Why should prisoners not be allowed to conduct monetary transactions from prisons?

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Policies with regard to financial transactions involving prison inmates differ from institution to institution and from state to state. In general, however, every prison adopts stringent policies that severely limit an inmate’s freedom to conduct financial transactions. This is for two main reasons. The first reason is because prison inmates are not trusted by the institutions incarcerating them. While one can obviously find exceptions and debate endlessly the question of who should be incarcerated and for how long, prison administrators have to follow basic policies with regard to all inmates when it comes to money. As we all know, prison walls are not a barrier to criminal conduct. Drugs are routinely smuggled into many prisons across the country by visitors and by corrupt corrections officers. Visitors in particular are screened for contraband before having access to any member of the prison population, but contraband does get through anyway. Allowing the conduct of financial transactions would facilitate the growth in an already difficult and large problem involving drug trafficking in prisons. Bartering is used, and inmates find ways to conduct transactions. Most prison gangs, like the Mexican Mafia, Black Guerrilla Family, and Aryan Brotherhood, have members on both sides of prison walls, as well as family members and associates, all of whom are routinely enlisted in facilitating not just smuggling operations but the movement of money for the benefit of incarcerated members. Allowing inmates open access to financial systems would serve, therefore, to ease the conduct of criminal activities, including money laundering.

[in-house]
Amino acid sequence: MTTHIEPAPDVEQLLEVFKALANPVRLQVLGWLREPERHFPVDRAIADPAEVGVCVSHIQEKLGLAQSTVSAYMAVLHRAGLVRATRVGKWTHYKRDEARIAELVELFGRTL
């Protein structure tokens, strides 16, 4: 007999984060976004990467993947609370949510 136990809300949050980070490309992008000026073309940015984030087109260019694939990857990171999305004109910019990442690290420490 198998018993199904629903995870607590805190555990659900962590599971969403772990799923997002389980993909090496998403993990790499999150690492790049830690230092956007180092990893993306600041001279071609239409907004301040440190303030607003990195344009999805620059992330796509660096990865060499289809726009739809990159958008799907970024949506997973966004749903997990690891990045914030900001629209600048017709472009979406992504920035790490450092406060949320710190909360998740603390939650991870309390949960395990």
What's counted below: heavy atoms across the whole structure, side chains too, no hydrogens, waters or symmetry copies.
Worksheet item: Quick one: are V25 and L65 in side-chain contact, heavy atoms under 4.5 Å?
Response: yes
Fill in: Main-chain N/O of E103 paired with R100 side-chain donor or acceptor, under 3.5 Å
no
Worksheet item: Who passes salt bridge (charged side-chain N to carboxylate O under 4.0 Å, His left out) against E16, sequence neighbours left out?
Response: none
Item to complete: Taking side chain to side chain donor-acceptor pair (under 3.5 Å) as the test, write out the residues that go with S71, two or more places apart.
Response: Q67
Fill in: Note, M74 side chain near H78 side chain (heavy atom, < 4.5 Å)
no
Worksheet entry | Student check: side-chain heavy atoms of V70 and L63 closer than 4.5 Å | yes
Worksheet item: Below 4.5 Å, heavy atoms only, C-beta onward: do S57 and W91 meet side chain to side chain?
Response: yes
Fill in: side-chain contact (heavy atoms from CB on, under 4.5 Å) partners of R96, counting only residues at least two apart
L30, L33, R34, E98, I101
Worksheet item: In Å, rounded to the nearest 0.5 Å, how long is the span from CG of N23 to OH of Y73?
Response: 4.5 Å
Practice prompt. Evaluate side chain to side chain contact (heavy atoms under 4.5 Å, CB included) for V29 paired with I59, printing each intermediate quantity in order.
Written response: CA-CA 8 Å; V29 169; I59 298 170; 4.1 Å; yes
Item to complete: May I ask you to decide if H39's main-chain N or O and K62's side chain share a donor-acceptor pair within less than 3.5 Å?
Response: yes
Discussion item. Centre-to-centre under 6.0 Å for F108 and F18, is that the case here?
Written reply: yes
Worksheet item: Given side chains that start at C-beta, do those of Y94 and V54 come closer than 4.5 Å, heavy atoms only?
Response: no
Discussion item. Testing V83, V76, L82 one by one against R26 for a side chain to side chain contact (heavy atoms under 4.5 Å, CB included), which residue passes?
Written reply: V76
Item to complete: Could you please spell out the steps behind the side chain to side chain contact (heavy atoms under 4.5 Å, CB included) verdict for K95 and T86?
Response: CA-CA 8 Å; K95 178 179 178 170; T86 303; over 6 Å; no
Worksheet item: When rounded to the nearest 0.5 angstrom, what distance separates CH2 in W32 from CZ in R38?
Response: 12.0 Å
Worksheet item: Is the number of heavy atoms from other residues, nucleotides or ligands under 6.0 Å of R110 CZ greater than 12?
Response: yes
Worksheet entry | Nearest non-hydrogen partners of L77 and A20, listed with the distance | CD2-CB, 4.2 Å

Another reason that prison administrators maintain tight controls on inmate money transfers is to protect some inmates from extortion by other inmates and by gang members on the outside who prey upon inmates’ family members. By making it known that inmates are limited in their ability to access or move money around, authorities make it more difficult (although still common) for extortion operations to proceed.

Inmates are allowed to have accounts registered in the prison that can hold several hundred dollars. Such funds are routinely used by prisoners for the purchase of basic goods, such as toiletries, as well as postage stamps for mailing to people outside the prison. Many inmates have jobs inside the prison that pay a small salary, the work potentially providing a reprieve from the boredom of prison life while contributing money into the inmates’ accounts. Again, though, tight controls are placed on how the money is used, and prison authorities monitor transactions for indications of illicit conduct. Allowing prison inmates access to the outside banking system, however, would greatly complicate the job of prison authorities in controlling illegal activities that take place inside of prison, mainly drug trafficking and extortion.

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